St. Bonaventure is a vibrant community filled with many outreach programs. Moreover, it is situated in a place blessed with vast natural beauty that is conducive in stirring creativity in an artistic mind.

This summer, I assisted Richard Husted, OFM, his staff and volunteers with many of their diverse parish activities and projects including “The Bridge,” the centerpiece of the parish’s outreach program, as well as the parish’s youth group and summer religious education program. I shared reflections during weekday Masses and led a communion service every Friday. Also, every week I visited the sick at Olean General Hospital, bringing them Communion. My experiences introduced me to the many joys and challenges of parish ministry.

When I had an evening free, I spent it at the St. Bonaventure University friary, working with Robert Lentz, OFM, in his studio. In the past, I had worked with watercolors and oils, painting for relaxation. With Robert, I learned how to use my talent as a tool for evangelization; in some ways, I feel like a wild river that is being channeled between the walls of a narrow canyon. I painted an icon of the face of Christ, which is the first piece Robert assigns to all his students. On the side, I am working on a beautiful crucifix, after the style of Italian painter Cenni di Pepo Cimabue’s famous work.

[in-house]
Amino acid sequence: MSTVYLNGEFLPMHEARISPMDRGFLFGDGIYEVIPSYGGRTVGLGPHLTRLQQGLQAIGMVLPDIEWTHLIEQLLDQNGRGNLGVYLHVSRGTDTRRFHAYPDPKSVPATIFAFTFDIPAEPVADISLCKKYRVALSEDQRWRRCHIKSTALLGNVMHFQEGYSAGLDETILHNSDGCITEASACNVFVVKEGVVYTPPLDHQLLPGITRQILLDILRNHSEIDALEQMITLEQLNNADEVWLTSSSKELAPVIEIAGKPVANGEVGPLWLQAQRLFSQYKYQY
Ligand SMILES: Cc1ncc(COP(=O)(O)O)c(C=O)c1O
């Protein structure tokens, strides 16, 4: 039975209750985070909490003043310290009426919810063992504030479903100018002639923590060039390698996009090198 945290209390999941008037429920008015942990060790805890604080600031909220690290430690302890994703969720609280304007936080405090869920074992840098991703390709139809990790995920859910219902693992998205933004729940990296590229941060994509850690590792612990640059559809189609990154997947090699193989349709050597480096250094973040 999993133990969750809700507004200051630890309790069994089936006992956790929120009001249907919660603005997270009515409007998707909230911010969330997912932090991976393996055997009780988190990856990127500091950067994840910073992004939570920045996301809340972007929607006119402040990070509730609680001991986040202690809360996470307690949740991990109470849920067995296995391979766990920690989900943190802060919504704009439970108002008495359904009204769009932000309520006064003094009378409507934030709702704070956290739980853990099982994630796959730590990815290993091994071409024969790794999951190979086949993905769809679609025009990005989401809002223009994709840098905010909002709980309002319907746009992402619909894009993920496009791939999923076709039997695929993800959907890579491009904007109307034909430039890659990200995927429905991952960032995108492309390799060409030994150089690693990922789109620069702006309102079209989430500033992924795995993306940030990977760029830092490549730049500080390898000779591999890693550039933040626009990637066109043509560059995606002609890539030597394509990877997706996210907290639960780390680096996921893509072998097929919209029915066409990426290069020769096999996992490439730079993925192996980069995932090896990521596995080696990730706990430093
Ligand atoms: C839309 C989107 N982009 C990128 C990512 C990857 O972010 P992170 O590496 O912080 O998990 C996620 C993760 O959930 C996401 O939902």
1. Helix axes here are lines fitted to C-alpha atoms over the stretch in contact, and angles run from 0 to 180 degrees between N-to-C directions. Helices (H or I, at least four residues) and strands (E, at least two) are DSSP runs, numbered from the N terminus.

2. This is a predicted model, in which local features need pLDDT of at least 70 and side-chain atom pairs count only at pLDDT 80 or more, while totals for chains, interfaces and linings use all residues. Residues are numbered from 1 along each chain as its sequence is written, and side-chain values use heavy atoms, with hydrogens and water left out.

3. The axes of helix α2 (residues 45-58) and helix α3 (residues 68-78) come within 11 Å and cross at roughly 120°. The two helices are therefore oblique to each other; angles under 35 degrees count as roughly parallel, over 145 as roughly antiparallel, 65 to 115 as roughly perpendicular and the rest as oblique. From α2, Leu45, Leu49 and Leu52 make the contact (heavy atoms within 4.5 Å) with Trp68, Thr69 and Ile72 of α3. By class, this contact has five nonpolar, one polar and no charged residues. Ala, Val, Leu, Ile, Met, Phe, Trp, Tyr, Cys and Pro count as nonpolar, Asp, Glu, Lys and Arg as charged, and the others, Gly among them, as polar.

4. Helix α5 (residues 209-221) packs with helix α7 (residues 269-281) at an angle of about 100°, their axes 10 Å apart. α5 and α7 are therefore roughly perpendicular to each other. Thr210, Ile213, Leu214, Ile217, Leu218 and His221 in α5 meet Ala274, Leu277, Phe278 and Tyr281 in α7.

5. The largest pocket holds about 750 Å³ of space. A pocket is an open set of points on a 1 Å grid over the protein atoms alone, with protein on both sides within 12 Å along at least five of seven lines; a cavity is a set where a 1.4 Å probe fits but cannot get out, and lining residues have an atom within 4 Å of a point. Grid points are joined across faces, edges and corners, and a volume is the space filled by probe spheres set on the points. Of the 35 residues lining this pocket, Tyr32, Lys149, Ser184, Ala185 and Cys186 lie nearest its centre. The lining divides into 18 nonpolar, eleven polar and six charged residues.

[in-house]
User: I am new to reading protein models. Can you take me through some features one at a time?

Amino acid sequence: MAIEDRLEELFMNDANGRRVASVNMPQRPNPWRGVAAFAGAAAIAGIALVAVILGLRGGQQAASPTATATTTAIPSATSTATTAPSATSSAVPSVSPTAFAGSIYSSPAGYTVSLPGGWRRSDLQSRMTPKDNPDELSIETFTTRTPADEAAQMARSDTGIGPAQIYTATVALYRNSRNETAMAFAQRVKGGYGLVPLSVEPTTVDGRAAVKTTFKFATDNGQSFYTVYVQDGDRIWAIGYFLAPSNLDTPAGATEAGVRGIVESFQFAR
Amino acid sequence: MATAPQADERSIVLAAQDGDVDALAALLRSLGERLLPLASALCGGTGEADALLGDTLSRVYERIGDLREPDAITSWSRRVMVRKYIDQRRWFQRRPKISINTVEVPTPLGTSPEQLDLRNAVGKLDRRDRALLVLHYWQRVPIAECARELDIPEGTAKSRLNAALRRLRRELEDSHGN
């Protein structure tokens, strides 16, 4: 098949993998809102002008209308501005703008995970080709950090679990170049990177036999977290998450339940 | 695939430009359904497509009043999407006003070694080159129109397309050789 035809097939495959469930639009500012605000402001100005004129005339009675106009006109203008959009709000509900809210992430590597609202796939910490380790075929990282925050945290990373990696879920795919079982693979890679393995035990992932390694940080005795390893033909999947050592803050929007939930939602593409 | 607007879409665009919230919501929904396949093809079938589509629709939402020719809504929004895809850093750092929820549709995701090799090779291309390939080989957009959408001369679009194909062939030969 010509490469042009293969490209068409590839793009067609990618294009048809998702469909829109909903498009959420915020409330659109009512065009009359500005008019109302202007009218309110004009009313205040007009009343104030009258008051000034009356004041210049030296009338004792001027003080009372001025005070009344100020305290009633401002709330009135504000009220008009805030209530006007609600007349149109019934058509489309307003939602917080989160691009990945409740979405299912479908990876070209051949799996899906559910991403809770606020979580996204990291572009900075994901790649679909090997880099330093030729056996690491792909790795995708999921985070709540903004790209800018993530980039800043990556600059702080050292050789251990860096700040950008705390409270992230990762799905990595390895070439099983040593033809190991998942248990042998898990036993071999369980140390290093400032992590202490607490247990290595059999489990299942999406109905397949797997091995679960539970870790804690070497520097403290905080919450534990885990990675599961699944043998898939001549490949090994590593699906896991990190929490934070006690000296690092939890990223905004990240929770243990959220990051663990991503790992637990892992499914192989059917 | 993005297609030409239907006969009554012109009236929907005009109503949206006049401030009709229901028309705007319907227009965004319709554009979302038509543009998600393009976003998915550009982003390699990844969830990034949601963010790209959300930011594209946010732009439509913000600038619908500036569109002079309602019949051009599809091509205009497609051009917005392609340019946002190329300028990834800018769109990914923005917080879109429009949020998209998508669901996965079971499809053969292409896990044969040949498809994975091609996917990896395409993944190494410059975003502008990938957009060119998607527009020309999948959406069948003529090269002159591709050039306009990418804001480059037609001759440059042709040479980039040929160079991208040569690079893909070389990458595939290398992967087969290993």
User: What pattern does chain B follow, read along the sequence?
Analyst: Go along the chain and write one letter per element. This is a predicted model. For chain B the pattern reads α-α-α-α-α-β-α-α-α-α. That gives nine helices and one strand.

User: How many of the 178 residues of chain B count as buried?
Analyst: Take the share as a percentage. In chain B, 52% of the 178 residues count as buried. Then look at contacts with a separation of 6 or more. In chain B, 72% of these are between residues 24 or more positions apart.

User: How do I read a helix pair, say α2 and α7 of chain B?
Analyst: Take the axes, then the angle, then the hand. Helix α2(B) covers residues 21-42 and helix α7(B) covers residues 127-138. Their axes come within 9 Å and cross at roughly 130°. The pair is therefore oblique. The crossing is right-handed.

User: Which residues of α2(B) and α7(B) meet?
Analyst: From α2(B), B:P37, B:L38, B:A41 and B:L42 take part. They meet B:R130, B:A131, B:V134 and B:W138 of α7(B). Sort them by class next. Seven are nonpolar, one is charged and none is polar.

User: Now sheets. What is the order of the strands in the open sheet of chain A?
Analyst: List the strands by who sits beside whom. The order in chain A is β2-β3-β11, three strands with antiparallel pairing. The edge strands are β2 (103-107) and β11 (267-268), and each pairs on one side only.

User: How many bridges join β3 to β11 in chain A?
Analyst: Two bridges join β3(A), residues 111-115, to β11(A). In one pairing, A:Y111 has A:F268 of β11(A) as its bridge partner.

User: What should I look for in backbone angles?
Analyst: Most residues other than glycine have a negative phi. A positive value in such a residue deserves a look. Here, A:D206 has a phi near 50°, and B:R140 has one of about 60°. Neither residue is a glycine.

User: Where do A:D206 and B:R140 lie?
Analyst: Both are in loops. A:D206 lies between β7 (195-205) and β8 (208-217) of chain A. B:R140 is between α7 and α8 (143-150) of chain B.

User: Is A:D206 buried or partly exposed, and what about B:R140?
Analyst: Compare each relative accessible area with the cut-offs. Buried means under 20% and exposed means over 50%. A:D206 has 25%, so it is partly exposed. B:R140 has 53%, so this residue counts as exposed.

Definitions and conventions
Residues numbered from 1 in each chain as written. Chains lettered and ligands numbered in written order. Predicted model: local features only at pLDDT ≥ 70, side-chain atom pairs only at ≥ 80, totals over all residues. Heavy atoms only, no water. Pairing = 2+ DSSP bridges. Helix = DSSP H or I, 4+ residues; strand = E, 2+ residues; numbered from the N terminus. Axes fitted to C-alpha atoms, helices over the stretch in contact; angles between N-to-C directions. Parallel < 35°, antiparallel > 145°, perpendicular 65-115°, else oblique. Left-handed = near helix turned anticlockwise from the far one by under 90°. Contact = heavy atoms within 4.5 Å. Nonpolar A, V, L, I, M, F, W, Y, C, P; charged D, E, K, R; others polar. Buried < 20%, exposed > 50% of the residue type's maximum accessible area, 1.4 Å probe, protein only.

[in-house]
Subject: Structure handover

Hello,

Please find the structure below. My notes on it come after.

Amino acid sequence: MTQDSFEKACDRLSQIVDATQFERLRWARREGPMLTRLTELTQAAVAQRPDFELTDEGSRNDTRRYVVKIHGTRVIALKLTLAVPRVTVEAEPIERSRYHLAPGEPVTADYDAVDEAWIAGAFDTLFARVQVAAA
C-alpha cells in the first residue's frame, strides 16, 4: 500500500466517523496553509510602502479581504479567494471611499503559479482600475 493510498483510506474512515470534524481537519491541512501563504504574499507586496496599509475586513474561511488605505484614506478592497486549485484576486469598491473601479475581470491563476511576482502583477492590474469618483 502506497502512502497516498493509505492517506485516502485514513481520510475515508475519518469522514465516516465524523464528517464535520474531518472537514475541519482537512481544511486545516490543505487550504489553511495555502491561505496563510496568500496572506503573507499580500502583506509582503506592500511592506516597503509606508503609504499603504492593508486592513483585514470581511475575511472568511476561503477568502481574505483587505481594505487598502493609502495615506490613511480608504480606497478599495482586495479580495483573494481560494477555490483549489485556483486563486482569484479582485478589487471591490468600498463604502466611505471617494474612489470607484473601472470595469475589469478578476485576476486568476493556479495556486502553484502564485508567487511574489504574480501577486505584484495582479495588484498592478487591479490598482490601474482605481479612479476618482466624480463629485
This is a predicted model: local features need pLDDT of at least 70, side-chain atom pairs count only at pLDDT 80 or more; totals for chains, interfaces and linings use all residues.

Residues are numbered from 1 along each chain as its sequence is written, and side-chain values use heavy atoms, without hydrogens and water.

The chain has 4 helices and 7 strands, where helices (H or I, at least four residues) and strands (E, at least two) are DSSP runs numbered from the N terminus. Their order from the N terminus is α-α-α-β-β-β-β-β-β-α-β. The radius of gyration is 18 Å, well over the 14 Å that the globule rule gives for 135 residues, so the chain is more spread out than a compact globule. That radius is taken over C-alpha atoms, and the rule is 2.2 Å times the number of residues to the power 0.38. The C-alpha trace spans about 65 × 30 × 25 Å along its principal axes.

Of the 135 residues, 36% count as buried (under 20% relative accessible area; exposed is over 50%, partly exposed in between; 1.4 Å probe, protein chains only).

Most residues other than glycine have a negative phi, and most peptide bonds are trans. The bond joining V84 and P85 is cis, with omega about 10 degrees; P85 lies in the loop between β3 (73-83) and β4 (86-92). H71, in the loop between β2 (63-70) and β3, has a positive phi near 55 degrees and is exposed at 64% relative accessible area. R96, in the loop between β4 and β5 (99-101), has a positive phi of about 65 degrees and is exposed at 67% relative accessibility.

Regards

My summer at Allegany helped me recognize that there are many ways to evangelize. As a friar, I long to help people realize how much God loves them. As I continue with my formation, I must discern how God wants me to do this. Recognizing, cultivating and utilizing what talents God has given me are important steps in this process.

“My Ministry at the House of Bread”
By Edgardo Zea-Laura, OFM, at St. Patrick-St. Anthony Parish, Hartford, Conn.

summer1This summer, I served at The House of Bread and in the parish of St. Patrick-St. Anthony, both in downtown Hartford.

According to its website, The House of Bread, founded in 1980 by two Sisters of St. Joseph, provides “food pantries, shelters, temporary and permanent housing, support programs and love to the Greater Hartford area. Under the guidance of Sr. Maureen Faenza and Sr. Theresa Fonti, The House of Bread continues its mission to reach out to every person in need.”

The organization emphasizes simplicity, dignity and respect as the characteristics of its services to the hungry, homeless and needy population of Hartford.

The House of Bread was a good experience this summer because I helped people in a variety of ways, while also working with the community of St. Patrick-St. Anthony Parish.

I enjoyed working with my supervisor and pastor of St. Patrick-St. Anthony, Thomas Gallagher, OFM, because he is a good friar that I felt comfortable asking any questions that came up during the internship. We met and talked if I had any challenges or if I needed something in my ministry.

I also appreciated being a part of the community at The House of Bread. There, I always had the help of Andrew Giardino, OFM, and John Leonard, OFM.

— Compiled by Rebecca Doel

Editor’s note: More information about the lives of student friars will appear in the fall 2010 issue of Be A Franciscan, the newsletter of the Province’s Franciscan Vocation Ministry.